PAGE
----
Monet at the De Young

Monet: The Late Years

I happened to be in San Francisco for the weekend last May for Mother’s Day.  My dear, sweet brother-in-law had arranged for my mom and my sister to see the Monet exhibit at the De Young Museum for Mother’s Day and since I was in town, I had the good fortune of getting to tag along.

I thought that it was interesting that Monet was such a prolific and esteemed artist that the 50 or so works in the show were all made after he was established and successful.  The subjects of these paintings were almost exclusively locations in his own gardens on his estate in Giverny.

For great biographical information and a more comprehensive description of the paintings in the show, check out this page on the De Young Museum website.

The earliest painting in the exhibit is Morning on the Seine from 1896.  Unfortunately, I didn’t take a better photo of it.  At first glance, it seems just very grey, soft, and muted.  But when I really took a moment to look at it, I started to notice a tremendous depth to the foliage.  Monet used many different green and purple tones to build these shapes that appear flat from a distance, but up close have an unexpectedly rich dimensionality.  Once I got sucked into this painting, I started to notice the subtle contrast between the way that he rendered the landscape and its reflection in the water.  This is the kind of painting that you could look at for years and notice something new every day.

Morning on the Seine, Claude Monet

More than 20 of the pieces in the show were water lily paintings.  This is such an iconic Monet subject and one that is so often reproduced on merchandise that it seems like something that you think you have already seen and not necessarily special.  But seeing so many different variations on the same subject all together was fascinating.  Particularly when there were multiple paintings in a series that all portrayed the exact same vista from the exact same spot.  When was the last time that you really looked at something that you see every day?  Try it.  And then go back again a few hours later and take a moment to look again.  Think about how it now appears different from what you saw just a bit earlier.  What a wonderful reminder that everyday things we think we have already seen have something new to offer us if we can be bothered to take a moment to open ourselves up to them.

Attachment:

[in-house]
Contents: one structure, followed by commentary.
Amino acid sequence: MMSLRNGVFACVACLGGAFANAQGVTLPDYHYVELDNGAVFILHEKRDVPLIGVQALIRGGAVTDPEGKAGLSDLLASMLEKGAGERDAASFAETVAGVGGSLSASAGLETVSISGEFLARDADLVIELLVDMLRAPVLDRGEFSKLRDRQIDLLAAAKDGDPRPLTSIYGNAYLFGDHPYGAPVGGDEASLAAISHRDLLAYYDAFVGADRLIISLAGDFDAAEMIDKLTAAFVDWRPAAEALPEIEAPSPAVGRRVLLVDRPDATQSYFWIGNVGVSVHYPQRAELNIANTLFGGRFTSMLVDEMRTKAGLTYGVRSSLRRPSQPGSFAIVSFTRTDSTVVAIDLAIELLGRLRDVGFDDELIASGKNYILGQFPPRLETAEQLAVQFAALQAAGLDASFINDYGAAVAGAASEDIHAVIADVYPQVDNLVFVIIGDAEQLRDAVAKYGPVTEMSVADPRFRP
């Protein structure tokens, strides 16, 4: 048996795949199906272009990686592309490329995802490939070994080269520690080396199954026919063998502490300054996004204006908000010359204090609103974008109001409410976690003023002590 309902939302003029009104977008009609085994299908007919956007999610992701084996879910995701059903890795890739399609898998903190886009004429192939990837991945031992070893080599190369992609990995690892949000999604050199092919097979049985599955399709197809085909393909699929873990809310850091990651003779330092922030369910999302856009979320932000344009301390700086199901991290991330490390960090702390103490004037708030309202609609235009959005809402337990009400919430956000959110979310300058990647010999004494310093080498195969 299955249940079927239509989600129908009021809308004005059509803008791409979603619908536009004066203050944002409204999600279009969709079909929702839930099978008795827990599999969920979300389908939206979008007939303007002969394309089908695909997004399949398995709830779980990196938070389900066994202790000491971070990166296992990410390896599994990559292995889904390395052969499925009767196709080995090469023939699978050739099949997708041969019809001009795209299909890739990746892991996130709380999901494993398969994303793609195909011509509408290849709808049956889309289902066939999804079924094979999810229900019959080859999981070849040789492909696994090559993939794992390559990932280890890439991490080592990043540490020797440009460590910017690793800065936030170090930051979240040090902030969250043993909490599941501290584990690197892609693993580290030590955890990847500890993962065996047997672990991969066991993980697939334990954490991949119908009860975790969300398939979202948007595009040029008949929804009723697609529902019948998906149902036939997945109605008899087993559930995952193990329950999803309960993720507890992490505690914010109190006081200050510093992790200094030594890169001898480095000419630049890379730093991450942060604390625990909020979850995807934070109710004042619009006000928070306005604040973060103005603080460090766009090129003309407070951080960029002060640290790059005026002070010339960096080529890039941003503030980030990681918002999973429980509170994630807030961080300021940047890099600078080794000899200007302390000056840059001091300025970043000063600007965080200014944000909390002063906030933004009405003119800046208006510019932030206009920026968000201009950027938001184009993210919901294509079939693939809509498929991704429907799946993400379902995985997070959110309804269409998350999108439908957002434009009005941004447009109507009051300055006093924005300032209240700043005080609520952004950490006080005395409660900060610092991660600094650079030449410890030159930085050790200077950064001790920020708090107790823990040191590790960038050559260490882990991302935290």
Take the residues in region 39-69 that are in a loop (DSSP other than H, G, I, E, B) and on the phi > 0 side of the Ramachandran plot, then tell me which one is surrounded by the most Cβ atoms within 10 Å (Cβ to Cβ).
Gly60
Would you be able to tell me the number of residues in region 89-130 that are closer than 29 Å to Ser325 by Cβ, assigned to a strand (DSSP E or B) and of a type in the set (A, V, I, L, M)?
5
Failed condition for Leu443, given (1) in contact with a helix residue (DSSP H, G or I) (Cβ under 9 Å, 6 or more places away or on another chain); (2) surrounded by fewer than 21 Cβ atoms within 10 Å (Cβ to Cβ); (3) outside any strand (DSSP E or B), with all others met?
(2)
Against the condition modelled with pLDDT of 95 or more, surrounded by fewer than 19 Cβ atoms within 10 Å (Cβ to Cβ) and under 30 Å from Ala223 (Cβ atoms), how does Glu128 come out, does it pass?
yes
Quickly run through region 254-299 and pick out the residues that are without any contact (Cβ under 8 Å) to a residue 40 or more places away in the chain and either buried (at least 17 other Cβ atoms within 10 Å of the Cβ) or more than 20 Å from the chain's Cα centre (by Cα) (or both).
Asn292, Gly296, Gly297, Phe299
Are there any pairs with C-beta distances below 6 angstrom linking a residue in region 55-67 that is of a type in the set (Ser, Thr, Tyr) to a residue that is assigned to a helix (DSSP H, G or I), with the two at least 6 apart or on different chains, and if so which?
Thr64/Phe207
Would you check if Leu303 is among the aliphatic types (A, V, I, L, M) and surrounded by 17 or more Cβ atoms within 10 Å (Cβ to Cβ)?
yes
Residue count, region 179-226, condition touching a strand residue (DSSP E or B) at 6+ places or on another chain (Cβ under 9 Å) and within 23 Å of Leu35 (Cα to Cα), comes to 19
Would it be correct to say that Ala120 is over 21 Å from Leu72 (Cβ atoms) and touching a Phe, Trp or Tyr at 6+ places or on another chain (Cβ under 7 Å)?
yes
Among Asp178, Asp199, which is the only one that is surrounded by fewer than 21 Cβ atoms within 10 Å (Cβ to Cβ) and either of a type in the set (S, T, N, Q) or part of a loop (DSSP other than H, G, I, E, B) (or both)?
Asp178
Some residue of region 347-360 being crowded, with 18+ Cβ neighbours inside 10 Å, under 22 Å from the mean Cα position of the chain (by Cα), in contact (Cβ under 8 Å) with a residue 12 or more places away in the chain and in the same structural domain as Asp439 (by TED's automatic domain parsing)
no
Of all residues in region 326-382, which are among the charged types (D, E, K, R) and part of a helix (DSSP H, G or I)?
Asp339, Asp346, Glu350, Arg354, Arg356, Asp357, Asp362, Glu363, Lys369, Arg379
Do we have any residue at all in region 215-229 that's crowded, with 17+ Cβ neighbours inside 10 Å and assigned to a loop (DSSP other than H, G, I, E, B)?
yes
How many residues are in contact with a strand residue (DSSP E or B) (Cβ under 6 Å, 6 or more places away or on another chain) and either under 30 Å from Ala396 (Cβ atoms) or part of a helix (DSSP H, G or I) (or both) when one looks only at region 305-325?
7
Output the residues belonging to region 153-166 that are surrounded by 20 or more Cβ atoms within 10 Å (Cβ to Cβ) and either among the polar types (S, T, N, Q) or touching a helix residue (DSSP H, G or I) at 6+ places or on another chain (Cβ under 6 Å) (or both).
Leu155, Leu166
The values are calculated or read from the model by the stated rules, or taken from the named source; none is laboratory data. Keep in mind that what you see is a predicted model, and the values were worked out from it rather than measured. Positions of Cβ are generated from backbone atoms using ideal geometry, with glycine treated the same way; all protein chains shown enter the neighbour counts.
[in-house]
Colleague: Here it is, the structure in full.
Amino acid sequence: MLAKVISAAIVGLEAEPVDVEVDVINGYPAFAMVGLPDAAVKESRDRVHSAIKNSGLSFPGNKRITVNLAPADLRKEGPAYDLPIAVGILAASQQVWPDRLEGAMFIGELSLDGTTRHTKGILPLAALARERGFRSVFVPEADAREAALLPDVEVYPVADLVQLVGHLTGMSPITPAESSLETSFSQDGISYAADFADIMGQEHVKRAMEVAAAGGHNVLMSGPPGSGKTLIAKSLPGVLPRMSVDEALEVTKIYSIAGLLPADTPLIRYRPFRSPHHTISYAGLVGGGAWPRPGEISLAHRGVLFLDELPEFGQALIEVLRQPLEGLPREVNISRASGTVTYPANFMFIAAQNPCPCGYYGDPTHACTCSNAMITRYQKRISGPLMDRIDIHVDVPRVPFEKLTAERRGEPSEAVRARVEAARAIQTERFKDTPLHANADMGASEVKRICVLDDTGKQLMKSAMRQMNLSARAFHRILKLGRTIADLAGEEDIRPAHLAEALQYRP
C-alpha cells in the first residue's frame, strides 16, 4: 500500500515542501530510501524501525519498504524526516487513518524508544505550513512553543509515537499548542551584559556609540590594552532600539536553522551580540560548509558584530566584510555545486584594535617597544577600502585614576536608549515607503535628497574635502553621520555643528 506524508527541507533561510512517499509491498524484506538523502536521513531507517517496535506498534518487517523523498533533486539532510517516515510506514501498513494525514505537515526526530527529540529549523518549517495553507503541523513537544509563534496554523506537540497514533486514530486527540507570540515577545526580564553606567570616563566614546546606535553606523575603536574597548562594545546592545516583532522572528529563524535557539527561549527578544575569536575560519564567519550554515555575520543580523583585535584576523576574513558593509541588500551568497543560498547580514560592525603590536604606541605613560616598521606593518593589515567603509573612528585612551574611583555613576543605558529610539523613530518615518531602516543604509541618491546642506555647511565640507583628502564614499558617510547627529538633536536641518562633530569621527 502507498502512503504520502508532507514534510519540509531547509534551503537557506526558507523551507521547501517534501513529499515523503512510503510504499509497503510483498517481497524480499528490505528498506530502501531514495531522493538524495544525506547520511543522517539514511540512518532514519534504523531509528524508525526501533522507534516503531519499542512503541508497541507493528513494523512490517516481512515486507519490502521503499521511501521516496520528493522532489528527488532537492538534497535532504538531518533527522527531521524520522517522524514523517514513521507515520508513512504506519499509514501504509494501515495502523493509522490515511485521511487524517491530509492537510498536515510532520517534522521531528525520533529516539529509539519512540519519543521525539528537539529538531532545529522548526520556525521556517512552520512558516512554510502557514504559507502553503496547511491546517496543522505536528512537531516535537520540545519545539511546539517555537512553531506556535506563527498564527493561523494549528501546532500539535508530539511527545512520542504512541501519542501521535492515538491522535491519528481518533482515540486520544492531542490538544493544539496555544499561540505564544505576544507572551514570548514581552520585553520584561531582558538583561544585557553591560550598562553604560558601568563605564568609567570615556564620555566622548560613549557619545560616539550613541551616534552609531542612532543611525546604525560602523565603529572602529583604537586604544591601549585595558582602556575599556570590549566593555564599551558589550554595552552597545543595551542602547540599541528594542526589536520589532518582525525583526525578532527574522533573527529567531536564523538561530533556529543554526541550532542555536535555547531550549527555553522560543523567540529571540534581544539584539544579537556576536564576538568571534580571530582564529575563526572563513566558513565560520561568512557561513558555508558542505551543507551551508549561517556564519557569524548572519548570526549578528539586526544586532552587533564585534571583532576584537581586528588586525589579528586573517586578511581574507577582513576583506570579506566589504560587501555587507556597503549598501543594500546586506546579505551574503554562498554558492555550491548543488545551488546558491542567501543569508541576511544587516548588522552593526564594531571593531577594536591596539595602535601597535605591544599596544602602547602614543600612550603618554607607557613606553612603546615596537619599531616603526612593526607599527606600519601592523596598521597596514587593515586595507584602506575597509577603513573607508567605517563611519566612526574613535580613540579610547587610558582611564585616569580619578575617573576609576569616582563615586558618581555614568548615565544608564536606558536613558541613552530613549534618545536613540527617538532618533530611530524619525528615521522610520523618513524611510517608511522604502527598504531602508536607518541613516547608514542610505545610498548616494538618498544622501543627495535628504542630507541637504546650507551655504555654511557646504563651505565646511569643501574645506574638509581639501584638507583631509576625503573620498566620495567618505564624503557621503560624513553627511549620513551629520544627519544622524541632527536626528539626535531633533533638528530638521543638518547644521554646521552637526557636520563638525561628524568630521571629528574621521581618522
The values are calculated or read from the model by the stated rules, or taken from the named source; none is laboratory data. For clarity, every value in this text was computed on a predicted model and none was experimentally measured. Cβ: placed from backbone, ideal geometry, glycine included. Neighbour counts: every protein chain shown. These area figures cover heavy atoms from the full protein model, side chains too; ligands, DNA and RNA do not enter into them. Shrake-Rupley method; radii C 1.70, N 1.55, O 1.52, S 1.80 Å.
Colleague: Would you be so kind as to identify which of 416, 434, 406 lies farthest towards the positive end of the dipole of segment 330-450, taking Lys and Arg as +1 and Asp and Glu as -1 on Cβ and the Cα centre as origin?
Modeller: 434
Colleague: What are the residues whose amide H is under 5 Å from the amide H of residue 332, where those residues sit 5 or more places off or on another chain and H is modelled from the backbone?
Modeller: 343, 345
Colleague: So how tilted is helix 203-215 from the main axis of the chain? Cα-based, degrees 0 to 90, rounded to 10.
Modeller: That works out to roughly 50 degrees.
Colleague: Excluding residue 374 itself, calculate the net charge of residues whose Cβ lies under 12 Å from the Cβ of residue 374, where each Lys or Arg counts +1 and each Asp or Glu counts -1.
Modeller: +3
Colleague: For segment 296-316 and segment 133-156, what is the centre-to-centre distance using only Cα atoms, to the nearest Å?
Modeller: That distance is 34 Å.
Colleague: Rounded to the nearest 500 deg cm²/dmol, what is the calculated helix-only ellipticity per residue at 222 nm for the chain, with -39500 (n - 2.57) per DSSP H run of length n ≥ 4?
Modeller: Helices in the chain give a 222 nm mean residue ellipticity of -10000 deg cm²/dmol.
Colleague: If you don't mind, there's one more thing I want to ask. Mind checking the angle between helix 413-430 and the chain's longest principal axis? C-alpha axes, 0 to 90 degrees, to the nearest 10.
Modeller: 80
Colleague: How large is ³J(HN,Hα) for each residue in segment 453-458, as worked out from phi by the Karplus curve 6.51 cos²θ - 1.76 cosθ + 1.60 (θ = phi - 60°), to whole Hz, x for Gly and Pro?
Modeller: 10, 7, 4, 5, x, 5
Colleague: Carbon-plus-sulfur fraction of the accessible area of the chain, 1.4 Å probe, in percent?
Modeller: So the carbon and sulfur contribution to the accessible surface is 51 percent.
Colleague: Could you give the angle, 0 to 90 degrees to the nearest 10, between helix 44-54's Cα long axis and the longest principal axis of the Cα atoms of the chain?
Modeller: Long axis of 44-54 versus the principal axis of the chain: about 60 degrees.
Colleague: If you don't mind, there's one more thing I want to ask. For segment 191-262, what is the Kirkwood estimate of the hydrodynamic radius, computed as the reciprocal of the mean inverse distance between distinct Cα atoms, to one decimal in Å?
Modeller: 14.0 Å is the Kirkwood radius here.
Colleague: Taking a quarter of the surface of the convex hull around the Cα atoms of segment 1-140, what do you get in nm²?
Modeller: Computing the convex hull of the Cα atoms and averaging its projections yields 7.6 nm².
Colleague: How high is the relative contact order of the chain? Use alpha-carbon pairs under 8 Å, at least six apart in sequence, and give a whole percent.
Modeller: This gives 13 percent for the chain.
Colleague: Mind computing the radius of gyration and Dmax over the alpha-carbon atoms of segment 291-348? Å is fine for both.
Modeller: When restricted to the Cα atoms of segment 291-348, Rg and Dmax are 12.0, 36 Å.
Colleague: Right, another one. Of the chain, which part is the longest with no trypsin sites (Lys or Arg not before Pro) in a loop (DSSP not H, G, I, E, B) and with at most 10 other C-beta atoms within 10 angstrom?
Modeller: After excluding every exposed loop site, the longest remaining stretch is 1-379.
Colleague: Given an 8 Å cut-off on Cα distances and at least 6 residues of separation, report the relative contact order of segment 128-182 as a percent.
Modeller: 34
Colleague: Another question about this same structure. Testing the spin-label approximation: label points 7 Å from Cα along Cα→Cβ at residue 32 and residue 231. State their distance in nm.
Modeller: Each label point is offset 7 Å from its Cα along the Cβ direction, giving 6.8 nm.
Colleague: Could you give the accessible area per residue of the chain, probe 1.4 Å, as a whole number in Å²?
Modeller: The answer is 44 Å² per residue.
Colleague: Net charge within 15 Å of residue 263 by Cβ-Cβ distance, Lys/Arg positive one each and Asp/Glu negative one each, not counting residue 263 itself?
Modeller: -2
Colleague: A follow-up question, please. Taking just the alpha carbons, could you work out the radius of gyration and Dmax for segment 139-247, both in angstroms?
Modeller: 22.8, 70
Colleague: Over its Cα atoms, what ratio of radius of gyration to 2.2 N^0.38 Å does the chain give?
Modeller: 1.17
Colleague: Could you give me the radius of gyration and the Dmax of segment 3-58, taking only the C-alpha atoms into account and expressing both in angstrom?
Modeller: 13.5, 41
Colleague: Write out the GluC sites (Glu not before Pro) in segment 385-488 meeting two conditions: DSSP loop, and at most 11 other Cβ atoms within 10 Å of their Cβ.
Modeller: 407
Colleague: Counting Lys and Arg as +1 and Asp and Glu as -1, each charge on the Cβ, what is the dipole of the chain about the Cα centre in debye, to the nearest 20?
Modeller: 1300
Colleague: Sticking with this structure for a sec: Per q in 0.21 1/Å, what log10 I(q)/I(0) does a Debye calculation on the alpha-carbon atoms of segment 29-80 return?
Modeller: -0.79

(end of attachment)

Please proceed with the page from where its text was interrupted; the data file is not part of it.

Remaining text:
I took many notes on the differences in paintings of similar subject matter, the variations in color and texture and focus and size of various pieces.  Another subject of Monet’s that gives a very explicit example of this were the paintings of the Japanese Bridge. 

One thing that I found even more unexpected and interesting were the paintings where he really just seemed to have to get the idea on canvas as quickly as possible.  These were paintings where the canvas showed through.  There was a raw-ness and an energy to these works that really spoke to me. 

Toward the end of the exhibit was a series of Weeping Willow (1918-1919 and 1921-1922). I think there were more than the three that I photographed.  The later piece just blows my mind a little bit. This is the same guy painting the same thing that he had already painted over and over and it is so different and unexpected!  Now, this was all during the period when his vision was degenerating, but that alone does not explain the difference.

I am so glad that I had the opportunity to tag along with some of my favorite mothers on their special day.  It was a great opportunity to be reminded of how much there is to see if we just take the time to look.

One Reply to “Monet at the De Young”

  1. I think there were 4 weeping willow paintings and you don’t have a photo of the last one. The last one was the.most abstract and, imo, the most frusterate/angry.

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